“A Purchase Agreement is necessary if you intend to buy a boat, but require that certain things must be done before you will accept the boat, such as a satisfactory marine survey, specific repairs, and the ability to finance or insure the boat,” said BoatUS Consumer Protection Director Charles Fort. “It also describes both parties’ obligations. Once a buyer accepts the boat, the bill of sale is used as proof of purchase. You can download and print both forms 24-hours a day.”

Fort also added that while the two forms were designed to meet the needs of most buyers and sellers, they may want to seek legal advice if there are any questions about whether the forms are appropriate for their situation.

The Consumer Protection Bureau offers a dispute mediation service, the only national boating complaint database, and provides consumer-oriented information to help boaters make smart buying decisions.



Posted On: September 02, 2020

Presentation Pays

Deciding where to invest in fixing up your boat for sale comes down to two questions that every boat owner should ask themselves: What will it cost to make the repair or upgrade? What will it cost if I don't?

Fortunately, there are a few easy and inexpensive things you can do, which will always improve the marketability and speed up a sale.

Here's what the pros had to say:

Cleaned upholstery

You don't necessarily need to spend a lot of money to ready a boat for sale. Simply decluttering can make a big impact.

  1. "De clutter by removing anything that's not intended to be sold,"  "You want people to be able to open lockers and cupboards." He suggested removing personal effects that might make it harder for the buyer to imagine themselves in your boat. "Take the junk off, but keep Coast Guard-required gear, boat hooks, lines, fenders, pots and pans." Spare sails may be included in the price but don't need to be on the boat for viewing.

2. "Cleaning and waxing is the best money you can spend including all compartments, lazarettes, bilges, storage areas, and awnings.                                                                                                                                                                         Remove stains from furniture covers and headliners. Tidy up dock lines, sheets, and halyards. In the interior, make sure the heads are spotless and odorless and ensure the bilges are dry, clean, and odor-free." Consider hiring a professional cleaner.

3. "I've found that a lot of potential buyers walk right off a boat if it smells                                                                            Not necessarily just holding-tank smell, but musty smell, moldy smell, diesel smell. If a boat smells like anything, that should be dealt with. In some cases, it's the sanitation lines, and that can be a pretty complex and involved problem, but it's worth addressing if possible.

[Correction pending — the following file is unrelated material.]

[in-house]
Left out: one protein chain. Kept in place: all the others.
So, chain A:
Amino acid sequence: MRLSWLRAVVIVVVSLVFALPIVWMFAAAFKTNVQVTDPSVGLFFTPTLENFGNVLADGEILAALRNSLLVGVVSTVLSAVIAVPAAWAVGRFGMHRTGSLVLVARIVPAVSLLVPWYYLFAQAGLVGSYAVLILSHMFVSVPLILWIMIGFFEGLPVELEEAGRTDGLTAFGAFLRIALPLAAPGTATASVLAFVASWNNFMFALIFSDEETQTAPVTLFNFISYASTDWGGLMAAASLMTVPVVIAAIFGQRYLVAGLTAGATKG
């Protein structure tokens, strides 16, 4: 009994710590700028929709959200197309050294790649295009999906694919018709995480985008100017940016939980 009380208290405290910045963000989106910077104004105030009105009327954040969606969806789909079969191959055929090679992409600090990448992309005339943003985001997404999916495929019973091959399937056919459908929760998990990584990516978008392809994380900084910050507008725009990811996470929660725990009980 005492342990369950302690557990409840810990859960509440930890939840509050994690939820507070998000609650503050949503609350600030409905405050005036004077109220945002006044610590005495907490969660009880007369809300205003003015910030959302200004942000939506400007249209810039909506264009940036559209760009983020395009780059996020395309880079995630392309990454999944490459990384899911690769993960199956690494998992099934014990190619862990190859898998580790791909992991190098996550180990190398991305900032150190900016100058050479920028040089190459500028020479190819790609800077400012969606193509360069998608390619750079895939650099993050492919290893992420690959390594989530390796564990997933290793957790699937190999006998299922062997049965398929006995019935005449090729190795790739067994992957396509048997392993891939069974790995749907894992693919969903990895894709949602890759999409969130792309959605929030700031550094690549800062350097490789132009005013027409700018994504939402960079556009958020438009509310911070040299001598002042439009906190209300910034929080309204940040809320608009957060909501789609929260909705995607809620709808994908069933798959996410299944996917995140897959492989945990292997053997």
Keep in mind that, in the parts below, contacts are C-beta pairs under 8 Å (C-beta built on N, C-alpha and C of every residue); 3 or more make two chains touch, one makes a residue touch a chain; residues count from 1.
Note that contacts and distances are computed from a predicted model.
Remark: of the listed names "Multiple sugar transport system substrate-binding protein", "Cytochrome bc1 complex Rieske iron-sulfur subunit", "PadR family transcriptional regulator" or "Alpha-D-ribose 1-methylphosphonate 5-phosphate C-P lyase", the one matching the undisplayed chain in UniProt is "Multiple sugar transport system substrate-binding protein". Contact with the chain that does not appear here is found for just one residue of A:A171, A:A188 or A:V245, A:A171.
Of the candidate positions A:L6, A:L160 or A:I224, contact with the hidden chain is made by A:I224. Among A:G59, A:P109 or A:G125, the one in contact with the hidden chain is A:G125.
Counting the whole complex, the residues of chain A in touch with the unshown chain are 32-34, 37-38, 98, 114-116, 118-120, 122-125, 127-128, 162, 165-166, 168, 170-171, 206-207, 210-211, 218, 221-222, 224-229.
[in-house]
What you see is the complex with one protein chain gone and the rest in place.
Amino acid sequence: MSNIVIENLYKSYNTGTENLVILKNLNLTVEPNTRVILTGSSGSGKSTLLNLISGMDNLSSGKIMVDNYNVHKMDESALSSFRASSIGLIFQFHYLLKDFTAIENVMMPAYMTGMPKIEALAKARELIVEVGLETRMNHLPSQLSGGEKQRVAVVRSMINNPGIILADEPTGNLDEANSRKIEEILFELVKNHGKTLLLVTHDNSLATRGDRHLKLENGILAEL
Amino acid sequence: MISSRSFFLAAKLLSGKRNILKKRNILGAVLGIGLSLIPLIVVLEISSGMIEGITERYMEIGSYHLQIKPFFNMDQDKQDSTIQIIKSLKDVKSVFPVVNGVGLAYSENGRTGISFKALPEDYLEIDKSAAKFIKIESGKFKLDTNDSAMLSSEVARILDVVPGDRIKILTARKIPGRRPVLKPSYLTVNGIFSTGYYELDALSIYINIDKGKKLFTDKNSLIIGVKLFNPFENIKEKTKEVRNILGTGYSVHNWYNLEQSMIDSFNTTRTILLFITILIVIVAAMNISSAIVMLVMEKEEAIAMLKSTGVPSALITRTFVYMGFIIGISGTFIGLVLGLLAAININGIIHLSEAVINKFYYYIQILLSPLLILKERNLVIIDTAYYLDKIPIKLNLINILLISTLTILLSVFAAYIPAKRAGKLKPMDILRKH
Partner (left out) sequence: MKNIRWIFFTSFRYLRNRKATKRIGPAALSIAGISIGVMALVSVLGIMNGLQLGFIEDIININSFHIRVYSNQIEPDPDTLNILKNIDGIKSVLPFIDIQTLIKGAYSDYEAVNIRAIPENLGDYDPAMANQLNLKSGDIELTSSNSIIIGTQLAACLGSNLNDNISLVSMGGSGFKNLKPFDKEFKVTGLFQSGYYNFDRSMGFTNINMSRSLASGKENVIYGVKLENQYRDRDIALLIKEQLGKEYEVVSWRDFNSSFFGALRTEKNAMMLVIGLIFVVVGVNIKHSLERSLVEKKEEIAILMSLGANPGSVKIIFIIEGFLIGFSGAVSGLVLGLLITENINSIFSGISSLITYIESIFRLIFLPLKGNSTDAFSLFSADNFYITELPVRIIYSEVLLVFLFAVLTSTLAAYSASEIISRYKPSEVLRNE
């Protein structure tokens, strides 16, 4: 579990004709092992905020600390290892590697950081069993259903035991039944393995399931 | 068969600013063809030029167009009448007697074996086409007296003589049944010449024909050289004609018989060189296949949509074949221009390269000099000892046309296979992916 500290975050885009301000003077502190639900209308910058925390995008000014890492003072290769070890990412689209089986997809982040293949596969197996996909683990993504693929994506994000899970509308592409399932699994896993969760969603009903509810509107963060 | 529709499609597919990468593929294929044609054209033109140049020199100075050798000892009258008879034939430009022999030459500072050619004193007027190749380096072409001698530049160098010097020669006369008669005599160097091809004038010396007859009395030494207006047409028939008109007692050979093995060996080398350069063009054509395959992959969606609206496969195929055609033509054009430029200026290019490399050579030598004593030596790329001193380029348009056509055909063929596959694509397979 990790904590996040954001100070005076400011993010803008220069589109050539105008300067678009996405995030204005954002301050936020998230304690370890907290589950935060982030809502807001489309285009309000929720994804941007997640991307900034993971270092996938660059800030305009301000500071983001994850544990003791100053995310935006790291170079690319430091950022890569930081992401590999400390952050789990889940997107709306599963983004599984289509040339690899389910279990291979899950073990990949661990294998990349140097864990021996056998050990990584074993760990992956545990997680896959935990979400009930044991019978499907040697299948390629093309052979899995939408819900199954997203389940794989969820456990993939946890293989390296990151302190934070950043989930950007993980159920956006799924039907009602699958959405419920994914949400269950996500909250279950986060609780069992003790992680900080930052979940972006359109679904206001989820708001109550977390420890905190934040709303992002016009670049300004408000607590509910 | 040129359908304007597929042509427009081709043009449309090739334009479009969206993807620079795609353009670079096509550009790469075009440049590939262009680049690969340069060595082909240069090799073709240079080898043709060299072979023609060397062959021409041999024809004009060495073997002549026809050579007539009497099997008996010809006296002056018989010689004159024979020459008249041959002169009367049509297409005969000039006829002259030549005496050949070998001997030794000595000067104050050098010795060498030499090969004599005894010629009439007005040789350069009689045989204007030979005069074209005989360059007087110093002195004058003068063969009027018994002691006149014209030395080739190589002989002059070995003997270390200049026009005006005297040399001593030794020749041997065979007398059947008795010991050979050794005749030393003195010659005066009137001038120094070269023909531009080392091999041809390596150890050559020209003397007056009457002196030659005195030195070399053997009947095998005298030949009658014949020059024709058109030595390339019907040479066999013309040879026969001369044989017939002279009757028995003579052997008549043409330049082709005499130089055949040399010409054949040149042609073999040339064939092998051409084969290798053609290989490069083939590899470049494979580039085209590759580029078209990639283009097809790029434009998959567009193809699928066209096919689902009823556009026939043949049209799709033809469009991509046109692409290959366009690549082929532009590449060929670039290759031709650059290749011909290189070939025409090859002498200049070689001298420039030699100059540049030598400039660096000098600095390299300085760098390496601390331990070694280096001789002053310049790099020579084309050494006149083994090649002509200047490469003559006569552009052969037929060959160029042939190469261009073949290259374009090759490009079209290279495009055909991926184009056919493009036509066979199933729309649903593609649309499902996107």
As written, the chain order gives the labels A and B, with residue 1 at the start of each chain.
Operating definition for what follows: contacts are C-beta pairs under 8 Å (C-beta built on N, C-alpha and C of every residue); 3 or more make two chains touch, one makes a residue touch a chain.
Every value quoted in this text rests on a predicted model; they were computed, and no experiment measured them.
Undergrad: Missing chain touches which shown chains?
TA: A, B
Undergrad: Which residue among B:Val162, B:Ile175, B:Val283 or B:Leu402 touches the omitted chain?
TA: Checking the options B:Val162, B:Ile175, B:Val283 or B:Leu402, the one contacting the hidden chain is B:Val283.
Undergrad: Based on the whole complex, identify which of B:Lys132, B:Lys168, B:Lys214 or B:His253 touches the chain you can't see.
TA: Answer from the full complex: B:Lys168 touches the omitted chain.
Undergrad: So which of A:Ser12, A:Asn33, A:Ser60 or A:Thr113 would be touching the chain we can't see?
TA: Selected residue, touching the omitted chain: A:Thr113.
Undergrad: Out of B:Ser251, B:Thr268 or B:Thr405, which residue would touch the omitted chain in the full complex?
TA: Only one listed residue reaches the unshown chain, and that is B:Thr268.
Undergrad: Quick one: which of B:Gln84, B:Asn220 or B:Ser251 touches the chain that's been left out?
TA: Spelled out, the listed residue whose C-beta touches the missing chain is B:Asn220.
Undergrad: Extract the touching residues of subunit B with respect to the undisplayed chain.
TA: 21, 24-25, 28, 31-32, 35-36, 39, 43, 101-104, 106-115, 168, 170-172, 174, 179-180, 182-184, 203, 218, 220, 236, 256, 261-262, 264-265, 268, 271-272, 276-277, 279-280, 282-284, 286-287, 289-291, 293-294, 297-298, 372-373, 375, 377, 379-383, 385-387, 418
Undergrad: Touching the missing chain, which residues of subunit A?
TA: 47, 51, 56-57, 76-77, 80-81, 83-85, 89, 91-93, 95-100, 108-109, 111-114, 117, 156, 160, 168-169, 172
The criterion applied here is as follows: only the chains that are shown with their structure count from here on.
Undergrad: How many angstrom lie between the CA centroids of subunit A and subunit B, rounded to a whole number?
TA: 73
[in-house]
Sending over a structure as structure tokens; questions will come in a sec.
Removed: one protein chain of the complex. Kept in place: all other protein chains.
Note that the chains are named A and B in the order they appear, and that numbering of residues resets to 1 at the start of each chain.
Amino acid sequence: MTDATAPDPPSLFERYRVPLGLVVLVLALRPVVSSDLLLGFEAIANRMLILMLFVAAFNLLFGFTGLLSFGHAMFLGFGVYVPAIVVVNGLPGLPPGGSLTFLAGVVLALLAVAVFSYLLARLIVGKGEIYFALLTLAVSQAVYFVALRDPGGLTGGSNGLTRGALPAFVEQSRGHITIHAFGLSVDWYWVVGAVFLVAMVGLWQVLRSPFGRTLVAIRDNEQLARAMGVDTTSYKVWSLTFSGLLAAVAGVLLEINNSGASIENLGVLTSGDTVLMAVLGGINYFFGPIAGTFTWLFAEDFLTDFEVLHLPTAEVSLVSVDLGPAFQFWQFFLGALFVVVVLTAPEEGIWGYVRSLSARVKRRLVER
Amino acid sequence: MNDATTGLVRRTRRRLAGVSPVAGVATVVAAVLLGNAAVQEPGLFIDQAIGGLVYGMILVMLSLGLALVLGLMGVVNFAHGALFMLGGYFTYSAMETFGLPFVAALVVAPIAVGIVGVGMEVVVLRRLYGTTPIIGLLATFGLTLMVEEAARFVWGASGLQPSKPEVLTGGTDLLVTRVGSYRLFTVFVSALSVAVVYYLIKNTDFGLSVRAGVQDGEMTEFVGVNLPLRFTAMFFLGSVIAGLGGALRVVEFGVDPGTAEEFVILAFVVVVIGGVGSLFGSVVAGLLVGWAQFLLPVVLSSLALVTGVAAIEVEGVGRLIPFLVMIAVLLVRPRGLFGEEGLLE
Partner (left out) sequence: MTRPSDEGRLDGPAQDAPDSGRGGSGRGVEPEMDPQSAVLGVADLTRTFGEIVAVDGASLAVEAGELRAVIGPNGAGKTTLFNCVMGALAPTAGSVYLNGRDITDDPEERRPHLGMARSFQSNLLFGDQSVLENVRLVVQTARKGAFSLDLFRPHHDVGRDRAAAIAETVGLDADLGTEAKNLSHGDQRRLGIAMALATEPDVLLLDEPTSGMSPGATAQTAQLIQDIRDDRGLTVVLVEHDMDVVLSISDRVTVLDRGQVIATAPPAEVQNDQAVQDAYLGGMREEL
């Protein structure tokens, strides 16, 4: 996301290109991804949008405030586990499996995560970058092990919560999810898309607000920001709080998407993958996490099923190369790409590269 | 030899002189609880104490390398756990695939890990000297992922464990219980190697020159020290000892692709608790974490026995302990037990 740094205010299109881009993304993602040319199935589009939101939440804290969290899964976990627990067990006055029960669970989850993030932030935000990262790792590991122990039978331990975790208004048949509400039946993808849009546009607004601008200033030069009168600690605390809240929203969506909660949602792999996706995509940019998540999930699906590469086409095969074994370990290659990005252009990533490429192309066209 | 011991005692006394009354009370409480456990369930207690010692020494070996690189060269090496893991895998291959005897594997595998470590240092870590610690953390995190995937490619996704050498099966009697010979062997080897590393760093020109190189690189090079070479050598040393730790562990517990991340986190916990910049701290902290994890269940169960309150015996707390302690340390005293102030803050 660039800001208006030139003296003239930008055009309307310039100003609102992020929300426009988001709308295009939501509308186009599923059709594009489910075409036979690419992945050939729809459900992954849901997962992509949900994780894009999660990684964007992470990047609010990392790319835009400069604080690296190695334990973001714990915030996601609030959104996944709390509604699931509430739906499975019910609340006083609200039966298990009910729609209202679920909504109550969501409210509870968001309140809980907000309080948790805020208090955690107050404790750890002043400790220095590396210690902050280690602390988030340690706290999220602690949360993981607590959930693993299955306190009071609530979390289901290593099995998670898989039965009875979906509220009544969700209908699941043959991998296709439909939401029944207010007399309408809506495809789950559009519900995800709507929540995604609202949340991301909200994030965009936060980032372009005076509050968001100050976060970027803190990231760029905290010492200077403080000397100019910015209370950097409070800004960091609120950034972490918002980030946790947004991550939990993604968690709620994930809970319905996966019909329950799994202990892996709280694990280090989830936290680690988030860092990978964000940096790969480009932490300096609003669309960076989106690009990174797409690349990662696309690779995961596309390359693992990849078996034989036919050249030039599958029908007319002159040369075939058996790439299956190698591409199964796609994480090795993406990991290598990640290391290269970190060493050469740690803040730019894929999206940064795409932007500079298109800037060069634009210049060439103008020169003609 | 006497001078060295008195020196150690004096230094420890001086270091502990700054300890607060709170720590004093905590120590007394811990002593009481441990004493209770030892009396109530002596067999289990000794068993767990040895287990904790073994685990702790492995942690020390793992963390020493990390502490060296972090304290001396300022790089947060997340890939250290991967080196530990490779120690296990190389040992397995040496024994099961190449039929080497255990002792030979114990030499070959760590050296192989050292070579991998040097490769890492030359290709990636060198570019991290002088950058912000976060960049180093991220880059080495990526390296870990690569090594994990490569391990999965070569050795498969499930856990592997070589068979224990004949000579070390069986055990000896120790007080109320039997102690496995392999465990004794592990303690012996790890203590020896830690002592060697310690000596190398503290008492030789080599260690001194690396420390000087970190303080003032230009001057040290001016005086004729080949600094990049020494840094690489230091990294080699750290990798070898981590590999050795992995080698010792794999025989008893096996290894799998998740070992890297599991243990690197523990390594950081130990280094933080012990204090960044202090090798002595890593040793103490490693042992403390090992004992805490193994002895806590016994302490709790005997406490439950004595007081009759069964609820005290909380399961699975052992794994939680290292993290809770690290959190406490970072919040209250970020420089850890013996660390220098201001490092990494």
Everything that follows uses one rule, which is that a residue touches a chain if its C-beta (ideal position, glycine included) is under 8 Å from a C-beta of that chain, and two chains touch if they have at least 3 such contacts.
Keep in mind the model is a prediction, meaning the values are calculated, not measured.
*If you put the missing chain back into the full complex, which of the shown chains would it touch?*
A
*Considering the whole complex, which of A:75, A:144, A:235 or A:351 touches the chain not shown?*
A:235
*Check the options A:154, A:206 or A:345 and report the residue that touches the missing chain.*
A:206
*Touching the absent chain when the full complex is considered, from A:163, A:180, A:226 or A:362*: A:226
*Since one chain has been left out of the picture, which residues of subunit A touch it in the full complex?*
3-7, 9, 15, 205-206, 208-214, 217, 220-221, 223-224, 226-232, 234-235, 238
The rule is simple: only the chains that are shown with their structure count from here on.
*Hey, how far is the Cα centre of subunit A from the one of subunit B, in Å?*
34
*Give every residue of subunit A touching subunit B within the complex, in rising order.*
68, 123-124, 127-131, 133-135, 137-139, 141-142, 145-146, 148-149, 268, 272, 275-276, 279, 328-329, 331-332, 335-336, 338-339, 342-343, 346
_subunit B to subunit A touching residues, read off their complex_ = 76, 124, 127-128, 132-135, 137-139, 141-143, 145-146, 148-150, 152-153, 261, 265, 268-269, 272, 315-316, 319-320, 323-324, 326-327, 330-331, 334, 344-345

4. "Keep the engine room clean and tidy,"                                                                                                                                   Tidying wiring and replacing old hoses signal to the buyer that the boat is well cared for. Ensure basic maintenance is up to date including replacing oil, changing filters, and topping off all fluids.

5. "Repair anything you already know is broken or defective, including all electronics, lights, and accessories."               I also recommends checking all equipment on your inventory list and repairing any inoperative equipment or removing it from the list.

6. Make the boat accessible.                                                                                                                                                                  "If it's tarped in your backyard, that's not very easy or practical for the buyer , "It should be in the water, near the water, or easy to launch for an inspection or survey." If your boat is out of the water, keeping it "cleaned and covered, and add new zincs so it looks like it's ready to splash."

7. Take good photos that are bright, clear, and high-resolution,           

 Put 20 to 30 photos in the listing and then offer additional photos (say, 50 to 70 in a Dropbox file) to people who are serious. If you're not good at taking well-lit photos, find someone who can help, or consider hiring a pro."

8. Compile digital copies of service history, inventory list, photos, and survey.                                                                         "If you do the work on your boat, keep records of everything you do or if you've contracted a boatyard, have records of your invoices." Digital records are best. "We're working with buyers from all over the country, and the more info we can share with them the better," he says. He suggested compiling a detailed inventory, service history, a recent survey showing the boat in good condition, and additional photos — especially important for people who'll incur travel expenses to view the boat.

9. Like with homes, paint and varnish go a long way. Wills is in favor of bright-work touch-ups,                                           "If it looks ugly, sand the peeling varnish off and either paint or re varnish it."

10. Sometimes partial improvements can be effective, too. "I'd replace stained carpet but wouldn't reupholster everything on the boat,  Similarly, replacing deteriorated is in glass might deliver a better value-to-cost ratio than replacing an entire dodger or awning that still has life in it.

11. If you have the skills, you may want to embark on small fiberglass repairs.                                                             Anything that you can do yourself, do it, because that goes directly to marketing and sale-ability.